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Five things Bruce Arena must do after taking over the U.S. soccer team

Five things Bruce Arena must do after taking over the U.S. soccer team
U.S. Coach Bruce Arena listens at a news conference in Hamburg, Germany, on June 13, 2006. (Maurizio Gambarini / EPA)

Bruce Arena was introduced as the new coach of the U.S. national soccer team Tuesday morning. But the news that he would replace Jurgen Klinsmann wasn't really news to anyone, including Arena, who has just four months to get the U.S. ready for the next round of World Cup qualifiers in March. Here are some of the priorities Arena has begun working on:

1. Reach out to players: Arena said he has already spoken to some national team players and will begin seeking out others. The conversations could be tricky because Arena will probably have to reassure some that they still have a place on the team while letting those shunned by Klinsmann know that they will be welcomed back. Earning the players' respect shouldn't be a challenge, though: An ESPNfc survey last spring found that Arena was far and away the most popular coach in MLS with 22% of the players polled saying they would like to play for him.

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2. Determine a roster and style of play: The first goal will necessarily affect the other, Arena said. "Your style is dictated by the quality of your players. Certainly we can do things tactically that allow us to blossom. But we are who we are." Arena defined the U.S. blueprint as being especially strong at goalkeeper, with some young attacking players and experienced midfielders. The coach said it's "highly unlikely" he'll bring many new players into the fold

3. Build a coaching staff: Klinsmann leaves behind a staff that includes loyal assistants Andi Herzog and Berti Vogts, neither of whom are likely to keep their jobs. However, Tab Ramos, who played for Arena on the national team, will probably remain in some role. Expect Arena to tap his experienced Galaxy staff for help. with longtime assistant Dave Sarachan, who resigned his Galaxy job last week, among the most likely hires.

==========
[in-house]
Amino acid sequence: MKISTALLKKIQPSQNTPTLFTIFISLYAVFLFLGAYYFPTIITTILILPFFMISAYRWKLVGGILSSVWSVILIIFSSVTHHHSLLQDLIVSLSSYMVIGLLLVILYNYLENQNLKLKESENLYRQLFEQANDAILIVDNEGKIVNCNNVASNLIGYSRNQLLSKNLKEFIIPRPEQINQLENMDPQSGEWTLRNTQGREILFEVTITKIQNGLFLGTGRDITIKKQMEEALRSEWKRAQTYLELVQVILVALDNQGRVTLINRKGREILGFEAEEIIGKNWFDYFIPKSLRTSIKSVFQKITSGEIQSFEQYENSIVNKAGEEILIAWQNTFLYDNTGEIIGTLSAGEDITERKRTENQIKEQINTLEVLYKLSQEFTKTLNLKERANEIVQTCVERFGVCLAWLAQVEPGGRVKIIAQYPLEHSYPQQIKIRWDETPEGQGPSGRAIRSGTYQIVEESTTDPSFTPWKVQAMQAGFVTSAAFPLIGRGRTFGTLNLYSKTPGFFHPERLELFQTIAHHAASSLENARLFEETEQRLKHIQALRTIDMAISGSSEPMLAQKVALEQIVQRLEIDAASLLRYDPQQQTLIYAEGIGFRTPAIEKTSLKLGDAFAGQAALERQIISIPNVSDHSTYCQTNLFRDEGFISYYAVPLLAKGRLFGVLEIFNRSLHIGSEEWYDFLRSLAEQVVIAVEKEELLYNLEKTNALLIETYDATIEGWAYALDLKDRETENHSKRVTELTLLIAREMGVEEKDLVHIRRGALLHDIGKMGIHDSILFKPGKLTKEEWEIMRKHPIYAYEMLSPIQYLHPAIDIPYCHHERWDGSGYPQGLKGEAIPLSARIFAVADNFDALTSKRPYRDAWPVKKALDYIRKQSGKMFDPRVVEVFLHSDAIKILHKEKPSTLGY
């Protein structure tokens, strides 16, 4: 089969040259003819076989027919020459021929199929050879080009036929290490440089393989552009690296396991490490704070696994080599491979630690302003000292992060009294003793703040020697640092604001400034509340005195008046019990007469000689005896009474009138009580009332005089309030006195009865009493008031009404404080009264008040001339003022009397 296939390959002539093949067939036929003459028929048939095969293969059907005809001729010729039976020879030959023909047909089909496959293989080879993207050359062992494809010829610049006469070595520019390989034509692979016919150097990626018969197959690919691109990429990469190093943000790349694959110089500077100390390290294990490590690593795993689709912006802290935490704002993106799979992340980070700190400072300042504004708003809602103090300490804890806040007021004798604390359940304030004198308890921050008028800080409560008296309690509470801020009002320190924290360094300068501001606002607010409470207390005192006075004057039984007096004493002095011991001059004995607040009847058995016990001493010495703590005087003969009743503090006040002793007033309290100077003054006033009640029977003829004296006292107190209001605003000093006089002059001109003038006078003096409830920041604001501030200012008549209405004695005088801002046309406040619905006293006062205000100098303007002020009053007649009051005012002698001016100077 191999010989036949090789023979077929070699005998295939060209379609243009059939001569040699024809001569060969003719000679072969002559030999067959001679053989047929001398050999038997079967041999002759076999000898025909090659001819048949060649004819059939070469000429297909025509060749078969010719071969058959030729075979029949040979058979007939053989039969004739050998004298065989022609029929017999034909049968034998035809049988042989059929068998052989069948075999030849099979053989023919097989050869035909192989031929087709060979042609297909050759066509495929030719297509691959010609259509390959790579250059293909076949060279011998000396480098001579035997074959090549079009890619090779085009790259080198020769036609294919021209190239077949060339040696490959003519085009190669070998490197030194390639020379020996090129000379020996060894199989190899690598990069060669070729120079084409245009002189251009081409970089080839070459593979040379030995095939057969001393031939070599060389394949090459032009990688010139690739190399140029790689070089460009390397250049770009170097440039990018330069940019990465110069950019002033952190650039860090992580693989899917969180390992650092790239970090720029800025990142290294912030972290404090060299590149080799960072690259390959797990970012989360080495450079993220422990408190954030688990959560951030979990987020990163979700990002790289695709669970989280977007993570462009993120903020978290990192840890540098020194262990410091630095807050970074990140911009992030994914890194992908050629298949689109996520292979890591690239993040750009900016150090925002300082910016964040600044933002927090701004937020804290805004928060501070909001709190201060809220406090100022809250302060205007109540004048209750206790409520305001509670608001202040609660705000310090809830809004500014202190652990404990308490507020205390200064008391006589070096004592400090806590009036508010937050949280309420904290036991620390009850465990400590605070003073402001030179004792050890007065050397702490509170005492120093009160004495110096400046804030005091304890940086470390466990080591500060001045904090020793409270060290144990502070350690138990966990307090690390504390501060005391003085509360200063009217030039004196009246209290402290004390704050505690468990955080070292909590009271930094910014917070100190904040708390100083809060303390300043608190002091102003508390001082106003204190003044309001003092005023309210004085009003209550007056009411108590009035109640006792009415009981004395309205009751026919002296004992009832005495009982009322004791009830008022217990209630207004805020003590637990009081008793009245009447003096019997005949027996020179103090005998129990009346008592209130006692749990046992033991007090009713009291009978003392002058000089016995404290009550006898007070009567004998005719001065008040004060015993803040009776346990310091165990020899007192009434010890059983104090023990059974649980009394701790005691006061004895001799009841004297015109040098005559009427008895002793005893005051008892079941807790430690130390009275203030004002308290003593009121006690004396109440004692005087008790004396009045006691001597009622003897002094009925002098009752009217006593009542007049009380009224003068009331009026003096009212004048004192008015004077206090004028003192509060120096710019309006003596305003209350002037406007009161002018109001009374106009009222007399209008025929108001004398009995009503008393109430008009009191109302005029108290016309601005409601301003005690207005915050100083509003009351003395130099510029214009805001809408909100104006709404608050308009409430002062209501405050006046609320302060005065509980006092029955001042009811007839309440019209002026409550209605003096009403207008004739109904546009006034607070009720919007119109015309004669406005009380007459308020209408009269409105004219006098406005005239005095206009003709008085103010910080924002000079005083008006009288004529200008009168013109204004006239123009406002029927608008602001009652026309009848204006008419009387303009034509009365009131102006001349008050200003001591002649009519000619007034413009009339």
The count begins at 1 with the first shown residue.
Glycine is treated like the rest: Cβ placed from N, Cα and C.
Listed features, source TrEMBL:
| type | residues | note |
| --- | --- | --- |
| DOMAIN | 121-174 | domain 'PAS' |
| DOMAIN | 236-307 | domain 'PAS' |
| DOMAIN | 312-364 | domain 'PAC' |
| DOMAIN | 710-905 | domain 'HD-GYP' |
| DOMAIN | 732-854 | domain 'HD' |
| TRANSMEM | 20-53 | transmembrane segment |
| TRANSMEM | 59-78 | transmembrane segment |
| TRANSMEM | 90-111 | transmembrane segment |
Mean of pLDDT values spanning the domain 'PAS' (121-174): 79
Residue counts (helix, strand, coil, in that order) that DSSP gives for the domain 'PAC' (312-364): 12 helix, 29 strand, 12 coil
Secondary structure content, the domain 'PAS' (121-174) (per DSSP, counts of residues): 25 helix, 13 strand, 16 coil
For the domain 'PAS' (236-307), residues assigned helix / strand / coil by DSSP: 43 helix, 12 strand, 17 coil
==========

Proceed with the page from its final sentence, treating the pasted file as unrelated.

4. Fix the team chemistry: Arena said he doesn't plan to make wholesale changes in the roster or the team's style of play. So how does he plan to change the results? "We need to build chemistry with this team and build a common goal, work on a team concept," he said. "We have good players. We just have to get them working together as a team." That was perceived as a shortcoming under Klinsmann.

5. Establish depth at goalkeeper: Arena didn't name this as one of his goals, but it obviously needs to be. With the injured Tim Howard, 37, likely to miss the spring qualifiers, his probable replacement is Brad Guzan, 32. After that, there's a big dropoff in experience, with Ethan Horvath and William Yarbrough, Guzan's backups in Costa Rica, combining for just four caps between them. Expect Arena to take a long look at some MLS keepers such as San Jose's David Bingham.

kevin.baxter@latimes.com

Twitter: kbaxter11

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